But the judging of those impenitent concerning their sins against life isn't the only promise. God promises that sins against life shall not stand in another sense. Jesus led a holy life to fulfill every Law God ever gave. In Jesus God doesn't see one Law as broken. No wrath boils up before His eyes because in Jesus all He sees is perfection. So God promises that Jesus has fulfilled every Law that commands life is to be held sacred, desired, protected, and received with thanksgiving. So all of the countless times I failed to do this or you failed to has been done in Jesus.

What about all the innocent blood that has been shed? Why do you think Scripture makes a point out of saying that Jesus' blood was shed? "Shed" implies copious amounts. Crucifixion itself was designed so people didn't die of blood loss. Enough of Jesus' blood was shed in truth one drop of the blood of God would be more than enough to appease, to satisfy God's wrath against all sins against blood. In fact so much of the holy, precious blood of Jesus was shed that it flooded the world to such a depth that not one sin is able to poke through to be seen by God. That's a promise.

But it can be hard to hear this promise if we just end with Matthew. As I said, his end is paradoxical to Jeremiah's. Matthew's last words are, "Rachel weeping for her children and refusing to be comforted because they are no more." That's not how I want you leaving here: weeping and refusing to be comforted for the millions of unborn killed in America. Matthew ends here because he's preparing us for the first public appearance of Christ as redeemer and drier of tears. He's preaching law so that we may hear the Gospel. Yes, the Law says apart from Jesus there' no comfort and nothing but tears. And that's where people who accept or defend, abortion, or any other sin against sacred human life are left.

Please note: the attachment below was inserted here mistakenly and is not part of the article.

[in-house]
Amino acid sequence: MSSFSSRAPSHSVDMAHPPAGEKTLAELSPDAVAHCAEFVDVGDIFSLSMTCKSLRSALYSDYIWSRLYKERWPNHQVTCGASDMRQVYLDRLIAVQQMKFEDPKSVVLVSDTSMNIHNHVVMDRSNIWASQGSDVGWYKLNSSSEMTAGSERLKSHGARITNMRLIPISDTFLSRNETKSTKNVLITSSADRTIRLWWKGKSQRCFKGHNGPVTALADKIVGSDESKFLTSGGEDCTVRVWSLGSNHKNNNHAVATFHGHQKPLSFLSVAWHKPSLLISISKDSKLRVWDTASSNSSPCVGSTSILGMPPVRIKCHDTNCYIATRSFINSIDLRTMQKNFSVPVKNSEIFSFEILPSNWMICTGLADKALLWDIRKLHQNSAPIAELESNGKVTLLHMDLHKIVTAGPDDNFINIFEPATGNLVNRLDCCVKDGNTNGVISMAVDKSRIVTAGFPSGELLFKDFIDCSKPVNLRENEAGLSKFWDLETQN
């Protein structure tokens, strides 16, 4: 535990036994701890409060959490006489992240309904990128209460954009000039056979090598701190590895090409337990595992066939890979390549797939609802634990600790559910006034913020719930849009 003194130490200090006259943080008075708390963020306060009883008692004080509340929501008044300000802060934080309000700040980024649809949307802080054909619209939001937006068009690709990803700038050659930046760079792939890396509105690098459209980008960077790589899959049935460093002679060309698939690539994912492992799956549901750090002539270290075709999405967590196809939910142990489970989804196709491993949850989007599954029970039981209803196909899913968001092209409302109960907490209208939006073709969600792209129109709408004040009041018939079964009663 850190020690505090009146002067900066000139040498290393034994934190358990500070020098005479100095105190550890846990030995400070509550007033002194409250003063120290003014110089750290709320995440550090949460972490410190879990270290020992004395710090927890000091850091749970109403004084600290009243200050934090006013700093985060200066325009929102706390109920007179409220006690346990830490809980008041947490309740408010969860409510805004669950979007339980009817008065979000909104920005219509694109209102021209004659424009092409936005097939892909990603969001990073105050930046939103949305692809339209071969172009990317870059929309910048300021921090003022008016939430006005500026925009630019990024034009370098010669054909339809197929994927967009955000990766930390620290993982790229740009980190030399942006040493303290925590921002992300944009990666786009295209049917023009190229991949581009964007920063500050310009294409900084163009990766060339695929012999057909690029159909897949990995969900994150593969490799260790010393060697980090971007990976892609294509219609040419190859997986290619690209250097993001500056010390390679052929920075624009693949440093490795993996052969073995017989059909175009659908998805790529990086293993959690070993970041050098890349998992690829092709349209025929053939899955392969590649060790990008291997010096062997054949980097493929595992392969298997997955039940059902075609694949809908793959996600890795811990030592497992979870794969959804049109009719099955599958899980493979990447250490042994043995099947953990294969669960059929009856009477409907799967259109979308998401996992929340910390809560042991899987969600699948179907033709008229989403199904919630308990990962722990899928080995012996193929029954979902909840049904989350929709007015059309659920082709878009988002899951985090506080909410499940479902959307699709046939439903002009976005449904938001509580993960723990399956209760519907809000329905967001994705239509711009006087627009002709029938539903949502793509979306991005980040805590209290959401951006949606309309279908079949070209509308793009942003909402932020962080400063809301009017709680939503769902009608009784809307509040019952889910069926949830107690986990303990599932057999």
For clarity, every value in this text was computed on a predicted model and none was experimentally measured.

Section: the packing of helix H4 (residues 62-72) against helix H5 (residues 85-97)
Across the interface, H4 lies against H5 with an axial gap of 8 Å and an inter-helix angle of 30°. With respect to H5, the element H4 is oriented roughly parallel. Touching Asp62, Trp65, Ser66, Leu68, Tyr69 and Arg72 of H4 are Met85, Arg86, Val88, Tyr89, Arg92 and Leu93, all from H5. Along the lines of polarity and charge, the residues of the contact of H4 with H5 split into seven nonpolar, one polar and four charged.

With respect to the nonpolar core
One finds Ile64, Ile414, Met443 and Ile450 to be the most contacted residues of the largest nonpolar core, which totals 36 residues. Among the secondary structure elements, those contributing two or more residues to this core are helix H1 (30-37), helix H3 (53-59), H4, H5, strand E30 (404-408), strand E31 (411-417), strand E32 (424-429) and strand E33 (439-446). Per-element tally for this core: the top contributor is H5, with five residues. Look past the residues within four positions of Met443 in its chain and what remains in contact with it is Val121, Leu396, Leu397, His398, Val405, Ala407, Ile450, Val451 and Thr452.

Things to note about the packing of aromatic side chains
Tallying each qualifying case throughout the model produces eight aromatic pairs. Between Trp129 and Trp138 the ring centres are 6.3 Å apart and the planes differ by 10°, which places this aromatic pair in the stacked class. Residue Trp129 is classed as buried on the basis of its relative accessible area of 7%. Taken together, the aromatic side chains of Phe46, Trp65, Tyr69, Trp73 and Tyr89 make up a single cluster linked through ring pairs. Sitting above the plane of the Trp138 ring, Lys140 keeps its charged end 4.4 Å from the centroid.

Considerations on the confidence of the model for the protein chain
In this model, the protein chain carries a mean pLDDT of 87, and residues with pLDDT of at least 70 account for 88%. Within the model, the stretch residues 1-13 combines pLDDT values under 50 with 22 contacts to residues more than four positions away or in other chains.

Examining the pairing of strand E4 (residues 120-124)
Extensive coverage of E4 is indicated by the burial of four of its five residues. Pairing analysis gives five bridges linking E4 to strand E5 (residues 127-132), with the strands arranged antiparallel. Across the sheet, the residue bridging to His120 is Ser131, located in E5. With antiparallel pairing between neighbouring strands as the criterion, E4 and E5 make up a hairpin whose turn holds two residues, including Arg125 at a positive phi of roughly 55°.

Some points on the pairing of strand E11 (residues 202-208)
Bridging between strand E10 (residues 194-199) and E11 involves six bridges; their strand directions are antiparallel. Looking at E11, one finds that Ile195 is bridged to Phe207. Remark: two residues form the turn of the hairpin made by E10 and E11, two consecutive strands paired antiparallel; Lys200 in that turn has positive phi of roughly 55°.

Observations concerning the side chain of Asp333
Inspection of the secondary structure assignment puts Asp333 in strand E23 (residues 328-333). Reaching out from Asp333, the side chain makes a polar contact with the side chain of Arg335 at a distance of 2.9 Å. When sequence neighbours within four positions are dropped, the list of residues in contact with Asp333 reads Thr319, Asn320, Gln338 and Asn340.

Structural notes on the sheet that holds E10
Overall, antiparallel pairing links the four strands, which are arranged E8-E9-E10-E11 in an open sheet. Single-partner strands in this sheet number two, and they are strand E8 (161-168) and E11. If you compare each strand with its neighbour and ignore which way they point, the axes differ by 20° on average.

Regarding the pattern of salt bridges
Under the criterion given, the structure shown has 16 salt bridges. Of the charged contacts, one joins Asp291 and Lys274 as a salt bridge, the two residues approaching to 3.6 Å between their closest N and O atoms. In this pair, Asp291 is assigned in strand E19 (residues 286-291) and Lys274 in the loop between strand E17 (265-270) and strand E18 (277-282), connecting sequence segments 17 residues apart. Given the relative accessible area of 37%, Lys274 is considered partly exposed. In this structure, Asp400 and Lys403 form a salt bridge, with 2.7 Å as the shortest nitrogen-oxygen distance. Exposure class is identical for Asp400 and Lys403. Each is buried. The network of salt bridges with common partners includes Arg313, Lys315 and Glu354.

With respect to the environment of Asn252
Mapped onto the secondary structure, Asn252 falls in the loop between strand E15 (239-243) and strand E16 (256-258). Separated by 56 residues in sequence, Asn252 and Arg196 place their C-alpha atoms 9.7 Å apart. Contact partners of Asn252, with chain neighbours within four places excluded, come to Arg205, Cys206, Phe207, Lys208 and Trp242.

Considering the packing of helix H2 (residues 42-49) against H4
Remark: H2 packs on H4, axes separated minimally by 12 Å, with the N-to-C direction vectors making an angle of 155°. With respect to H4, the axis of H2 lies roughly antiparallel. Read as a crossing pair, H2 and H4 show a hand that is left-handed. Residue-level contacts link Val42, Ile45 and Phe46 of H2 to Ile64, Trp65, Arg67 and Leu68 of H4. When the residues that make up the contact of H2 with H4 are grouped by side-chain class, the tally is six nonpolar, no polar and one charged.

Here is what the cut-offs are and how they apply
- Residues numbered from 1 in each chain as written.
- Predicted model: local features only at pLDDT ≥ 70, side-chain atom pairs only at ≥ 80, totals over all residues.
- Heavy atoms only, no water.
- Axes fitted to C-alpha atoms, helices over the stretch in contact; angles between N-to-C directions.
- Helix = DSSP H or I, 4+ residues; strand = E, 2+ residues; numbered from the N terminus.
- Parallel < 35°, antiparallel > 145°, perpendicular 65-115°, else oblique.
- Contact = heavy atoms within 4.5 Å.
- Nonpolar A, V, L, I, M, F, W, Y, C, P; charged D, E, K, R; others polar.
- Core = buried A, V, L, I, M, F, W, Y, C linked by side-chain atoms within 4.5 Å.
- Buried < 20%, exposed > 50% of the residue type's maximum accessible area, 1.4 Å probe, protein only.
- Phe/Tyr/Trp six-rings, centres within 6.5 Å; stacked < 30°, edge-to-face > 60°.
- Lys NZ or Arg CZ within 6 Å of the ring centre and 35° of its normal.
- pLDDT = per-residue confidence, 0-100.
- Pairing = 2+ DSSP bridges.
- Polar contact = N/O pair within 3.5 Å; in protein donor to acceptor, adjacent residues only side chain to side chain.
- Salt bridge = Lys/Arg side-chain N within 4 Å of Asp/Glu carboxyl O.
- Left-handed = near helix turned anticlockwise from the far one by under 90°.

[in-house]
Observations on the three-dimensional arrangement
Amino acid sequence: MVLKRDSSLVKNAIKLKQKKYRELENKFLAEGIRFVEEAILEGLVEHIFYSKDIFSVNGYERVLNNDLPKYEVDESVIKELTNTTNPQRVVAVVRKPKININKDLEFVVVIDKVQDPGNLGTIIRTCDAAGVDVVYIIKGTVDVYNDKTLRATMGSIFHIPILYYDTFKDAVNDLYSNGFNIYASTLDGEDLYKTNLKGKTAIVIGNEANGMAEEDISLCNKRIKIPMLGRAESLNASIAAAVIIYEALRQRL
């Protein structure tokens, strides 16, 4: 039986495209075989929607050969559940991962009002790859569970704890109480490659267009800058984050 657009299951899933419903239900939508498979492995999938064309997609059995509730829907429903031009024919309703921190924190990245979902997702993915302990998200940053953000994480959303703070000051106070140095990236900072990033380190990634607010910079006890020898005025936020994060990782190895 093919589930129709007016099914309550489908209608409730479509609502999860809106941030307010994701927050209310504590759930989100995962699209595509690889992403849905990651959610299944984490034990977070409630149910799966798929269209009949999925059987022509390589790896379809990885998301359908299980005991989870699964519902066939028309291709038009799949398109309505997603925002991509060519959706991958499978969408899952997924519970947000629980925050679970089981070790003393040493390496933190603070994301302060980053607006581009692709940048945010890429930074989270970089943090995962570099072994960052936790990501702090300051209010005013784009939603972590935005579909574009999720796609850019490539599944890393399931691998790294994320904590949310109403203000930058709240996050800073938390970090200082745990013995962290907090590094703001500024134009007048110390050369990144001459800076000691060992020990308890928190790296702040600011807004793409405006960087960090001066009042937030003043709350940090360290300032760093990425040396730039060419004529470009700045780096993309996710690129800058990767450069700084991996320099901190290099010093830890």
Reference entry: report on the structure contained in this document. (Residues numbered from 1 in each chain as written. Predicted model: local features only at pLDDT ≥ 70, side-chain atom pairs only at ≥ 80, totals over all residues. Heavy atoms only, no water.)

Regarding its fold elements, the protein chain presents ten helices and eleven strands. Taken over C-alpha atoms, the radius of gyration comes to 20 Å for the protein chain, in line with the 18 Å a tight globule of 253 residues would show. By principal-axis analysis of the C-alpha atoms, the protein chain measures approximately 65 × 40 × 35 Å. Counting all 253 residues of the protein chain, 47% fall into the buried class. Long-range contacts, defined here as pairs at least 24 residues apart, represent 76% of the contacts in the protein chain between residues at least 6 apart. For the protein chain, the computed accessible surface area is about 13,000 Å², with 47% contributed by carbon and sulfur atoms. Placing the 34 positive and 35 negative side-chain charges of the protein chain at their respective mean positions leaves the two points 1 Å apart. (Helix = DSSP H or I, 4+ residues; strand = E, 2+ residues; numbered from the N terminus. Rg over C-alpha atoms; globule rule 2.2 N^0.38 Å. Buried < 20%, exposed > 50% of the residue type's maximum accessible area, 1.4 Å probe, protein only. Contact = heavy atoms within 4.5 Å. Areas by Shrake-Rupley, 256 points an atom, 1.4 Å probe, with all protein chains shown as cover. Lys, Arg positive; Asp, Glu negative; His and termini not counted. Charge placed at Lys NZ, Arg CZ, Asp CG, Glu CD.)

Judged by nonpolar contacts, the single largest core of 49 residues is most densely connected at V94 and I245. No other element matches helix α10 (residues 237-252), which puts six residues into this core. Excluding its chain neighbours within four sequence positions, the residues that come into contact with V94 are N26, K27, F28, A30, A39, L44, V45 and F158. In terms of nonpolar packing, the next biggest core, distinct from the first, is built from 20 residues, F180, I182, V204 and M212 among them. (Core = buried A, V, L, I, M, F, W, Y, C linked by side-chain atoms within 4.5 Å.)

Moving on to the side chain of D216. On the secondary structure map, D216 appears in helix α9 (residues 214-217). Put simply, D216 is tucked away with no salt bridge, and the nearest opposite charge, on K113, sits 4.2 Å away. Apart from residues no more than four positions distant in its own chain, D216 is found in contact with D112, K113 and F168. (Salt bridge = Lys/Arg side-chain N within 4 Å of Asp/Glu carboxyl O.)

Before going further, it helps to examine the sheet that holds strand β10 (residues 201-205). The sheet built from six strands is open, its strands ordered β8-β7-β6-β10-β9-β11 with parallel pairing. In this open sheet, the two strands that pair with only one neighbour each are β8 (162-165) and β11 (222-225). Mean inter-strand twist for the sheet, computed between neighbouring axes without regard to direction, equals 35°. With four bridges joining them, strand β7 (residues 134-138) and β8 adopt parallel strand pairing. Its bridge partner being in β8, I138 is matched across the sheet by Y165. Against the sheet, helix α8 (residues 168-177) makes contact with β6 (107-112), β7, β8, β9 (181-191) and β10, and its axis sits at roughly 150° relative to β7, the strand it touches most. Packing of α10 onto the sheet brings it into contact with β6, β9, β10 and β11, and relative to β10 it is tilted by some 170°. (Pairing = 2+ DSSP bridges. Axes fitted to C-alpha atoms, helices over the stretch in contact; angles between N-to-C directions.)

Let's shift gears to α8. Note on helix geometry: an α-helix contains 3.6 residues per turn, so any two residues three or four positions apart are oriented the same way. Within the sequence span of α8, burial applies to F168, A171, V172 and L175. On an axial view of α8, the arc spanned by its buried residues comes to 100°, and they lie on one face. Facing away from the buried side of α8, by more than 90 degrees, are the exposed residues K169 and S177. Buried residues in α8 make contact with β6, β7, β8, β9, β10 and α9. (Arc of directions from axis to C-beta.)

But that's not you! And that's not where Jeremiah leaves it. Matthew pulls out the only sad verse in all of Jeremiah 31 to preach law. The rest of chapter 31 is full of hope and promise. In Christ, you can leave this Divine Service in hope and promise. "This is what the Lord says: "Restrain your voice from weeping and your eyes from tears.There is hope for your futureYour children will return to their own land."

Ramah was the city from where the Old Testament Church went into exile for their sins. Matthew takes you back to that city to see the long lines going off to pagan Babylon. Matthew leaves you with no hope because He hasn't brought you to the revelation of Jesus as the sin bearer who pleases the Father. Jeremiah brings you to Ramah but doesn't leave you there. He takes you to the Lord's Words that you are not to lose hope.

The Holy Christian Church is not losing the war against the unborn or unbelief even though to all appearances it seems we are. On Good Friday it appeared that Christ had certainly lost. Like our Savior His Church has a way of rising even after being buried. "Easter means you can put Truth in the grave but it won't stay there" (Clarence W. Hall). That's a promise; it is a paradox, and that makes this not just another day but one day closer to Paradise. Amen

Rev. Paul R. Harris

Trinity Lutheran Church, Austin, Texas

Holy Innocents, Martyrs (20160117); Jeremiah 31: 15-17